Google Plots Flashy 2017 Debut For YouTube ‘Unplugged’ Streaming TV Service

Google is taking another stab at the streaming TV market, this time through its YouTube division, which is prepping a paid subscription service called Unplugged. The streaming service is said to be a priority for Google and YouTube, which could debut as early as next year, providing everything falls into place.

YouTube's Unplugged service would consist of cable TV channels streaming over the Internet. It already has the architecture in place to support such a service, so now it's a matter of getting media partners on board with the idea. To that end, YouTube has been in talks with several major media outlets such as NBCUniversal, Viacom, Twenty-First Century Fox, and CBS, though no agreements are yet in place.

YouTube

This is the next evolution of YouTube. The ad-supported video sharing site started by three former PayPal employees has grown leaps and bounds since it was first introduced over a decade ago. More recently YouTube rolled out Red, its first paid subscription service that lets viewers skip the ads and watch original movies and TV shows for $10/month. It also comes with a free Google Play Music subscription.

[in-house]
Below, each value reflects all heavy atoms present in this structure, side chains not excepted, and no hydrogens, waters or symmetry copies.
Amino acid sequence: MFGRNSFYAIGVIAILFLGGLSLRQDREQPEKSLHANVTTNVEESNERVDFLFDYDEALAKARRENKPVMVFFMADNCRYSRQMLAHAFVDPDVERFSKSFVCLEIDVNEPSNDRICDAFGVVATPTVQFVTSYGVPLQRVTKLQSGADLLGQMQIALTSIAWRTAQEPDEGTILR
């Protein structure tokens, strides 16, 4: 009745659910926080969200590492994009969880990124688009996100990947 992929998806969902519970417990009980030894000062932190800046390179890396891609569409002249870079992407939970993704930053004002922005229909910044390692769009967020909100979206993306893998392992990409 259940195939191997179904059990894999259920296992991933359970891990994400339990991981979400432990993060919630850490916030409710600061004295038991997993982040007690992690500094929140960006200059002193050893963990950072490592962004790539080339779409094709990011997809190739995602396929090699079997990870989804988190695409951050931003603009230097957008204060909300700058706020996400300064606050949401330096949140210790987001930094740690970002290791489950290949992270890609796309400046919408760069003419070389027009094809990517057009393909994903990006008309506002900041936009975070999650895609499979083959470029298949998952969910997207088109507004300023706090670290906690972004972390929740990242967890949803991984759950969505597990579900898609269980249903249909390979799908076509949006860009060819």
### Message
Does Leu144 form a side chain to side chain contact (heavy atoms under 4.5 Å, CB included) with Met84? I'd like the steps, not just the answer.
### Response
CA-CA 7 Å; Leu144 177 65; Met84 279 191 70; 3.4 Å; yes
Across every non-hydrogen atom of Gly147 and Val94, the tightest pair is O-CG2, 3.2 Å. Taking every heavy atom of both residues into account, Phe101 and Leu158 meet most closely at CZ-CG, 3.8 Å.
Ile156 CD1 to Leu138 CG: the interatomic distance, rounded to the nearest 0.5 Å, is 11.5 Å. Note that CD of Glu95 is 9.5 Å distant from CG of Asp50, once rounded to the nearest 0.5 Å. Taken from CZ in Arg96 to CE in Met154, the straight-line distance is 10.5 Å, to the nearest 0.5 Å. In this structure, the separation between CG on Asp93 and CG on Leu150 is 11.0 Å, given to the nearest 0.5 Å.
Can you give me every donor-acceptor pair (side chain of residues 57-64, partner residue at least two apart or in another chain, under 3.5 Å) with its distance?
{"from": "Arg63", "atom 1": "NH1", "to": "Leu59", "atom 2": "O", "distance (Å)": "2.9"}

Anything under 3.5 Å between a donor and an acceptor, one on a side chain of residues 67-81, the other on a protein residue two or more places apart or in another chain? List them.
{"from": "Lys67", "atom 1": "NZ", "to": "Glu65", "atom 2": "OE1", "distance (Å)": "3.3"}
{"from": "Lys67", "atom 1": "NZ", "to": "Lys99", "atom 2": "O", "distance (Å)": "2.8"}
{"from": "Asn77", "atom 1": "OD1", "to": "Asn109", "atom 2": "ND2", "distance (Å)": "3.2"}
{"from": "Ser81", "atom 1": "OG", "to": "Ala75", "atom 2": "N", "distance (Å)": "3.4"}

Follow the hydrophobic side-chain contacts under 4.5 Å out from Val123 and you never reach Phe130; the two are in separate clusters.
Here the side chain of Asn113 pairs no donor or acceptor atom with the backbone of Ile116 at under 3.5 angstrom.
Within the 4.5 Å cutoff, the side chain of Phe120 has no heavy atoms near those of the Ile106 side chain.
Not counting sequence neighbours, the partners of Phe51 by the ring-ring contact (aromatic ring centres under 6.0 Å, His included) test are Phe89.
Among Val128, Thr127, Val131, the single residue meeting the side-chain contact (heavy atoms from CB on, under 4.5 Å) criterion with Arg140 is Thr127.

Unplugged would introduce even more premium content and generate additional subscription revenue. Details of the online cable package are still being worked out, but this is something that's going to happen—Google's been working on this for the past several years.

People purportedly familiar with the matter told Bloomberg that YouTube has kicked around a few different ways of bundling TV channels. One possible scenario is to offer channels from the four U.S. broadcast networks and sprinkle in a few popular cable channels. This is what the industry refers to as a skinny bundle, and it's similar to what Sling TV offers.

The toughest part of this process will be negotiating with media providers. YouTube wants to sell its subscription service for less than $35 per month, but media companies drive hard bargains, particularly for new participants.

Via:  Bloomberg
Show comments blog comments powered by Disqus